Culturing your own dairy products isn't really difficult. It's managing them that's the challenge! It's a good thing I can take GNOWFGLINS™ Cultured Dairy Class at my own pace, because it has allowed me to master one product before moving on to another. And managing them has been my biggest challenge. But I think I've got that solved!
Because dairy cultures need to be kept separate when they are out on the counter during the culturing process, I decided to culture different products on different days. So I actually added my culturing schedule to my calendar and to my personal daily to-do list. Each day during the week, I culture something different. This has been a huge help because despite writing the re-culture date on the jar, if it's out of sight, then it's out of mind. My calendar is a much more reliable reminder although I still mark the jar with a black sharpie. This washes right off for the next use.
I also found that I was using a lot of paper towels. Hate that. so I found some scrap fabric and I feel better, plus it looks cute, too! When the cultures in the jar are finished, they get a plastic cap lid and go in the refrigerator on a shelf designated for cultures, culture products, and spouts.
Some of the cultures and supplies are not in canning jars, but rather boxes, small jars, and bottles. Remember when I quit buying paper napkins? The baskets below are the same ones I use to keep them in, but since I don't use paper napkins anymore, now the baskets have been reclaimed to organize all my smaller cultures, yeasts, rennets, pectins, and such. Before I organized them, they were all over in the refrigerator, falling behind things and getting lost.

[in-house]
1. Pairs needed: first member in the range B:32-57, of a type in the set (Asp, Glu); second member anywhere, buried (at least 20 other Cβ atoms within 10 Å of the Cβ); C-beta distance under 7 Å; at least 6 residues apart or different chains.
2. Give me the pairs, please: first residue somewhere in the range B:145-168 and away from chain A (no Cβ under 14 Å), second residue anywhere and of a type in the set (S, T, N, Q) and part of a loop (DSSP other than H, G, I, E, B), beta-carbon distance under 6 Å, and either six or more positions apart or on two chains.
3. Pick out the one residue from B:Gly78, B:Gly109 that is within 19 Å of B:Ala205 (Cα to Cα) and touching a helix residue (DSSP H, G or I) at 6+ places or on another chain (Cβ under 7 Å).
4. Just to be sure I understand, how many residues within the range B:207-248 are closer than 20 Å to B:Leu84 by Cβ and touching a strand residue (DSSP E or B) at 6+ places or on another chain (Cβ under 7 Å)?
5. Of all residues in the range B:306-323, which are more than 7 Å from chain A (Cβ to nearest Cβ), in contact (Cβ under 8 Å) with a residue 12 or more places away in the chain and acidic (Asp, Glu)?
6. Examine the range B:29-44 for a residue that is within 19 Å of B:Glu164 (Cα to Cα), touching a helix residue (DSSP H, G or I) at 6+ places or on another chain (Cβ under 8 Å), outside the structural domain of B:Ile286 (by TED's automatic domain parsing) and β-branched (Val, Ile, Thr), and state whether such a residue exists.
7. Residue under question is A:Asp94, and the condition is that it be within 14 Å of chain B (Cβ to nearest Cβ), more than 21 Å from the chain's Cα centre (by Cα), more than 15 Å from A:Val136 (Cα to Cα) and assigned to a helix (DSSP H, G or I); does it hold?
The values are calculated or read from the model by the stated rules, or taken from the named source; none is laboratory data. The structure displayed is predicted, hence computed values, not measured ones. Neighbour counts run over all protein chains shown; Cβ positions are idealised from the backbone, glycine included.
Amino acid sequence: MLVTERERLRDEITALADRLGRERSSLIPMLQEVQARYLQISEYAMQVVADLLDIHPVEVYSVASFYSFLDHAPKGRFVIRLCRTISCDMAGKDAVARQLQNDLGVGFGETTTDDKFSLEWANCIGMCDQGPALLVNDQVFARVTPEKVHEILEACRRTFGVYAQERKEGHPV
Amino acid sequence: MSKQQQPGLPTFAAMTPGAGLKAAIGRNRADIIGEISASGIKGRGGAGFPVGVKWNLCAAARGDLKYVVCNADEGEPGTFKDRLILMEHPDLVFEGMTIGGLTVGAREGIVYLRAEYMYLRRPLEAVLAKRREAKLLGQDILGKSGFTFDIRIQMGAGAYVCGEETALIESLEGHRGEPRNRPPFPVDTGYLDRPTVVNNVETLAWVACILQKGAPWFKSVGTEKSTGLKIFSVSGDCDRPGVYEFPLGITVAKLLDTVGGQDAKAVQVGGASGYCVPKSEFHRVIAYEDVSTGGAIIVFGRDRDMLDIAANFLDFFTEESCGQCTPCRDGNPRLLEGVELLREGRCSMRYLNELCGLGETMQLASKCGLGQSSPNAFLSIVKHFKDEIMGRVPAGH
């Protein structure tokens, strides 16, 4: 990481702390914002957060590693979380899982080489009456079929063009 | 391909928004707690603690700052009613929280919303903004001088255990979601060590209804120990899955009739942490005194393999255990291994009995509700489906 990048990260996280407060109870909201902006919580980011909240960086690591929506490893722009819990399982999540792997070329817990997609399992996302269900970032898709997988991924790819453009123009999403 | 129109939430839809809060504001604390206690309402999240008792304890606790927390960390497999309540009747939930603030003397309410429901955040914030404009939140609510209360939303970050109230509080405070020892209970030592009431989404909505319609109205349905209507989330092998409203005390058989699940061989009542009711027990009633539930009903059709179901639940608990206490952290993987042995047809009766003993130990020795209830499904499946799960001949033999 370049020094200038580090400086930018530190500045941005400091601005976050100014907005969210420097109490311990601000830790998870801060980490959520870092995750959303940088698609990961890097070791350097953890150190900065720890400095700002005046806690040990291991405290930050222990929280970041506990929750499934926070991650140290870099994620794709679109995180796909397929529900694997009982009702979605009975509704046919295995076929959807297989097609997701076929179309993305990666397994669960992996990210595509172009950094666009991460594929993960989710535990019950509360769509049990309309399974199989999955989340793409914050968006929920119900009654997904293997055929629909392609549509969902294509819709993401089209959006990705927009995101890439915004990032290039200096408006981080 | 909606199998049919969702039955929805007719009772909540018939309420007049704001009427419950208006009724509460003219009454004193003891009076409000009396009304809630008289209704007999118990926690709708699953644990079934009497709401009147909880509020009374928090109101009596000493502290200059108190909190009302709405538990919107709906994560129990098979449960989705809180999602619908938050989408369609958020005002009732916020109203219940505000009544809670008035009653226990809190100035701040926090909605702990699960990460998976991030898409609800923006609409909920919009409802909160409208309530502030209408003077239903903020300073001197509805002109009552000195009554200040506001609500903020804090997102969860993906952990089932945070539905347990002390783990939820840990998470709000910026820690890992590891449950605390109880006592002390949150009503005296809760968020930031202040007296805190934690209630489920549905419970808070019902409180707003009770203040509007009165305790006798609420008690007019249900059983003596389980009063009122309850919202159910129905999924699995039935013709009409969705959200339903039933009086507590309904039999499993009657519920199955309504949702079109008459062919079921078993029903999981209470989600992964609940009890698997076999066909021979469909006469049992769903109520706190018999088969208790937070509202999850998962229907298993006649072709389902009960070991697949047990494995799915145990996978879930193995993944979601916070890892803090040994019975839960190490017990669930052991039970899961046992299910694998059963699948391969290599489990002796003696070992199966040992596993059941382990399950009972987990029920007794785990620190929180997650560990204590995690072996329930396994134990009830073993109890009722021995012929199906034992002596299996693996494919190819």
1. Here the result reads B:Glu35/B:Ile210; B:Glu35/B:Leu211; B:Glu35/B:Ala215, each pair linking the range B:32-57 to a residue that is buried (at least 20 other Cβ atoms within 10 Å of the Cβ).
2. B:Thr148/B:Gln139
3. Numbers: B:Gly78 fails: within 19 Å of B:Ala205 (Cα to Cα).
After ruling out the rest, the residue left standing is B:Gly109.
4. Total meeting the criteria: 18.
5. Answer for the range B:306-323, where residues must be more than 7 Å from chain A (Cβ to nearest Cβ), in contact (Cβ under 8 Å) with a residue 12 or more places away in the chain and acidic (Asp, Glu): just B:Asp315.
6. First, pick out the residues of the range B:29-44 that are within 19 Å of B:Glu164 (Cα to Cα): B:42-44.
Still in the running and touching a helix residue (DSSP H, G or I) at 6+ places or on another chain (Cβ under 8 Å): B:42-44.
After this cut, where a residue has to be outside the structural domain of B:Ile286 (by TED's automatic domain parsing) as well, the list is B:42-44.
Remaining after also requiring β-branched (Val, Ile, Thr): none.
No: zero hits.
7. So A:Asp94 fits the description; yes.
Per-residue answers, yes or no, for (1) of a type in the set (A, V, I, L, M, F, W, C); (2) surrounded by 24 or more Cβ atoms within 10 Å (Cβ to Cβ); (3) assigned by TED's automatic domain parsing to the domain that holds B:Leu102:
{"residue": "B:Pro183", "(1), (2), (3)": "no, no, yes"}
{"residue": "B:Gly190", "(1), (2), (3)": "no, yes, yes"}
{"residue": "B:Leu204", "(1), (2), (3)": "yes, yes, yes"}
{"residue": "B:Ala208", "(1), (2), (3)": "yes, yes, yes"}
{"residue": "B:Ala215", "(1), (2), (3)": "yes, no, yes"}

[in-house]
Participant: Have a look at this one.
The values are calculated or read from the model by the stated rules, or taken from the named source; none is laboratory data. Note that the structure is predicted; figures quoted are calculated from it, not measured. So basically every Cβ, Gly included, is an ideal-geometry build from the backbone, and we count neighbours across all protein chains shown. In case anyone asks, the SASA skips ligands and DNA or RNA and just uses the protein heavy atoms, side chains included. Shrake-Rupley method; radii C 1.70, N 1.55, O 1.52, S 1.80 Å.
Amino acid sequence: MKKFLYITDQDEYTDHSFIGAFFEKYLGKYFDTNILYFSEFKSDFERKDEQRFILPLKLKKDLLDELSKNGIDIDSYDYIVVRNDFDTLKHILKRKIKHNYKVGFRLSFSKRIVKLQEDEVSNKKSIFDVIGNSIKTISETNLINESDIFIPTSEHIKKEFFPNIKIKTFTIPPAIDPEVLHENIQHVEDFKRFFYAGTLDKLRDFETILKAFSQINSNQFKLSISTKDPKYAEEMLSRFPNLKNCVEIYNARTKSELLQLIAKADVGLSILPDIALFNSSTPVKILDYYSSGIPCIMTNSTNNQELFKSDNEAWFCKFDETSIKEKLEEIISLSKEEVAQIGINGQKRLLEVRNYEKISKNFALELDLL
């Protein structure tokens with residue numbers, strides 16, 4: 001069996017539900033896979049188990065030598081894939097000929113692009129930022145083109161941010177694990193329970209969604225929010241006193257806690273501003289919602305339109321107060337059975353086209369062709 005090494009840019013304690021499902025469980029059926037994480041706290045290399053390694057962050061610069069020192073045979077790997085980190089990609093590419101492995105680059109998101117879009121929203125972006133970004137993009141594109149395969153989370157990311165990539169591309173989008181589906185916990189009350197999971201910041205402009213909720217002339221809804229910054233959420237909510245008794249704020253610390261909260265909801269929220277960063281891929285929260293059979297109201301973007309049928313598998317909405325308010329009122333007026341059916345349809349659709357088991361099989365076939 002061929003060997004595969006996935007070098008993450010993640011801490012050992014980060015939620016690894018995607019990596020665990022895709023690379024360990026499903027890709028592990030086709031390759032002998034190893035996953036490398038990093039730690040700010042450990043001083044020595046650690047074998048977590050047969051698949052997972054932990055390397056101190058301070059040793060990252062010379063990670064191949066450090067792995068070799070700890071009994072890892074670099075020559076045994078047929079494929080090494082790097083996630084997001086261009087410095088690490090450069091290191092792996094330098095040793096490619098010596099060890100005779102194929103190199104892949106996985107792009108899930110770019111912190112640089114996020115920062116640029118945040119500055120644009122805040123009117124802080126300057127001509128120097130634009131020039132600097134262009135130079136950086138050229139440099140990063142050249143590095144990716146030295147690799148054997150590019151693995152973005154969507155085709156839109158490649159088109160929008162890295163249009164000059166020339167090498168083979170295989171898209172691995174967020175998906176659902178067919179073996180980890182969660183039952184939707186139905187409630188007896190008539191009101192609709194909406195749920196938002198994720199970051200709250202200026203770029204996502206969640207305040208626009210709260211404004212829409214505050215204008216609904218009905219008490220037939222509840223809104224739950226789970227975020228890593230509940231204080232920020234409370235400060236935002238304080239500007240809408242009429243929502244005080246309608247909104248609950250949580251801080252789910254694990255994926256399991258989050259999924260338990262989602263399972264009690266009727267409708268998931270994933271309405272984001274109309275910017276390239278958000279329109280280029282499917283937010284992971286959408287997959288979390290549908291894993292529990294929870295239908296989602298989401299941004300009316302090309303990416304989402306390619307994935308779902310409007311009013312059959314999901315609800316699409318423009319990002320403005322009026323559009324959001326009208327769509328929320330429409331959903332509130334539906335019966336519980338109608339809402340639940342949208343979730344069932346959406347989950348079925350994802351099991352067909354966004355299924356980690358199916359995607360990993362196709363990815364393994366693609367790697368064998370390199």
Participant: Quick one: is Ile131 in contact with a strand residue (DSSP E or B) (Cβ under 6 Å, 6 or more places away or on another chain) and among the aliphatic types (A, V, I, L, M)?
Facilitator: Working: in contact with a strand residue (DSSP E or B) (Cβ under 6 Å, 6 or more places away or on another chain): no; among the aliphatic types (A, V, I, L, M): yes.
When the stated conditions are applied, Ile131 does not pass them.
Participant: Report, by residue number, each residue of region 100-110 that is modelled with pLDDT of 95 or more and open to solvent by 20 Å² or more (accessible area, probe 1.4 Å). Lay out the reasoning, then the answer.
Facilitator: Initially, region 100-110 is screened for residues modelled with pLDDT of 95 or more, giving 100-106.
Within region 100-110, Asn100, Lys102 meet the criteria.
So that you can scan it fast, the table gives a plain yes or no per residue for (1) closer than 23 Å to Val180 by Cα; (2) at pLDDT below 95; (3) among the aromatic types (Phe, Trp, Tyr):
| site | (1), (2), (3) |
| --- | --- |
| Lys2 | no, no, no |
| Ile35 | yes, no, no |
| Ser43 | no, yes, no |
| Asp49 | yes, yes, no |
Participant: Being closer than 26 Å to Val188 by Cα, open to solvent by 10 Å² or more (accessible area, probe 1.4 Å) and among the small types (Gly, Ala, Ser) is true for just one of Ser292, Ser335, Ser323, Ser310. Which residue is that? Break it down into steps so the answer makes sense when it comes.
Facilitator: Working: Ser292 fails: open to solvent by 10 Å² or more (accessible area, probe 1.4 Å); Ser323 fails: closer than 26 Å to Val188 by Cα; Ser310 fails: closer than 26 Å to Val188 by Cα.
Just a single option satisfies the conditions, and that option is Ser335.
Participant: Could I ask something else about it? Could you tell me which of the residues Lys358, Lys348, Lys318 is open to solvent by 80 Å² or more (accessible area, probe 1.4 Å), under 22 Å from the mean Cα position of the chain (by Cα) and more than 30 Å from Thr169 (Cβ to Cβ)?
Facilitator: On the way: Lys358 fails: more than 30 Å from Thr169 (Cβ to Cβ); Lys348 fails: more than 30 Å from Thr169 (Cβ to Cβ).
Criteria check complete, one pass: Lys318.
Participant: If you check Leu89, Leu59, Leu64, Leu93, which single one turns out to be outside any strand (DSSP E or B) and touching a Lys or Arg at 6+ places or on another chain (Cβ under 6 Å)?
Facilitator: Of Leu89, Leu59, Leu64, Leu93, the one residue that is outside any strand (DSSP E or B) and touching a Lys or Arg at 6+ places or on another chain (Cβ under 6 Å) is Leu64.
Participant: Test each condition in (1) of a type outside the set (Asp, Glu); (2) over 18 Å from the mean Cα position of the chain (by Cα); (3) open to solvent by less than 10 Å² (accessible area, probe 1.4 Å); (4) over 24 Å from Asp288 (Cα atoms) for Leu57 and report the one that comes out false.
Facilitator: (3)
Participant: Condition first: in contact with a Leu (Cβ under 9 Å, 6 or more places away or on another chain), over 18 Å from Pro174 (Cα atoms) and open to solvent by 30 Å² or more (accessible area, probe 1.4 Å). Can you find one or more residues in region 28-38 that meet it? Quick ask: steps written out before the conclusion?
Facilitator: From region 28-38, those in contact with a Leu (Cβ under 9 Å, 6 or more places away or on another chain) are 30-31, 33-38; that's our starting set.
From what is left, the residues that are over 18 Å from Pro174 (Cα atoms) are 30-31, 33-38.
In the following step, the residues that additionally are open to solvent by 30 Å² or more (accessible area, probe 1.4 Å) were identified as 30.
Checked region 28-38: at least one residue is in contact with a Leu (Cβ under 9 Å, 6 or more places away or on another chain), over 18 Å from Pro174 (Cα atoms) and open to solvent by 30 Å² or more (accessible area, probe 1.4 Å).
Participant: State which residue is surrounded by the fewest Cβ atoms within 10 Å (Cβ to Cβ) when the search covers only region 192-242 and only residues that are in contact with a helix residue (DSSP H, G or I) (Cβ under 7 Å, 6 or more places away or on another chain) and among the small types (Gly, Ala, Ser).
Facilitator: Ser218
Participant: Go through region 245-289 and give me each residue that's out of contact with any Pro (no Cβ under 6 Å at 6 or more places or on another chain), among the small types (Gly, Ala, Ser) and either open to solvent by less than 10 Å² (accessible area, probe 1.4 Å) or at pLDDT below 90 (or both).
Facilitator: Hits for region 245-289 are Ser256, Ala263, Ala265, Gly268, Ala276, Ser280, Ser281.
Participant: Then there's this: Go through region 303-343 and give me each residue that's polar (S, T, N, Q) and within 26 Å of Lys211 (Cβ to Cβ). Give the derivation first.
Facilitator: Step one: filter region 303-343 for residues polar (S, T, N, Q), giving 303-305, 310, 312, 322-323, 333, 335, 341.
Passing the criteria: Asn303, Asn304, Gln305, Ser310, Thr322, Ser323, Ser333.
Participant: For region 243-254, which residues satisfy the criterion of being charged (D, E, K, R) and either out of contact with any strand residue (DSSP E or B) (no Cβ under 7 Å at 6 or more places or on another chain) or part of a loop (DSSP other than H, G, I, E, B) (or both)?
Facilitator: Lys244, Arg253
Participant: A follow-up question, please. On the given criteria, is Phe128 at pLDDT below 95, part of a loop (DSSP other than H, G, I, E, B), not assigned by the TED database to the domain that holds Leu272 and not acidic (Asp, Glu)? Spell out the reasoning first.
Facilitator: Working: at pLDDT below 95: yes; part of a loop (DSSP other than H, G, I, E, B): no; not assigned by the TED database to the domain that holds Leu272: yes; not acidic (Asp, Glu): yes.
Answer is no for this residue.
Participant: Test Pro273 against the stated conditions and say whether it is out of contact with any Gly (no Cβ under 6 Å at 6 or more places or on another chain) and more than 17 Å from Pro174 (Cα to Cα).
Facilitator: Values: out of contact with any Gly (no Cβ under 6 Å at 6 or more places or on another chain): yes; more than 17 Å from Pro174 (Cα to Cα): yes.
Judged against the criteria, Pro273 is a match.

And since I had two of these, I used the other one to hold all my jams and jellies. When we have breakfast, I just pull the basket out and set it on the table. Why didn't I think of this years ago?
Next, there are some cultures that I keep in my freezer; they got a basket, too. You may remember this basket from my freezer organization post. These baskets do take up some room, but they make up for it by keeping me organized and preventing things getting buried in the bottom, never to be used.
Finally, I needed a cheat sheet for feeding cultures so I didn't have to go dig for the information in my notes all the time. An index card with the amounts I needed to use, clipped onto my recipe book holder is the perfect quick reference guide. Now it takes just a minute or two do feed my cultures and start a new product.
I love the money I'm saving on cultured dairy products that are easy to make and taste a whole lot better than store bought (not to mention the wonderful probiotics). Even my 12 year old is amazed. Just last week she did the math after tasting some of the sour cream and commented on how much we can save over time. It just makes sense to do this.
But because most of us didn't grow up culturing dairy products, making yeast breads from scratch, or canning our own jams, making these things a part of our daily routine can be daunting. Getting organized can be the trick that seals the deal for success to make these old ways new again and part of a permanent lifestyle change!
This post was added to Simple Lives Thursday at GNOWFGLINS™.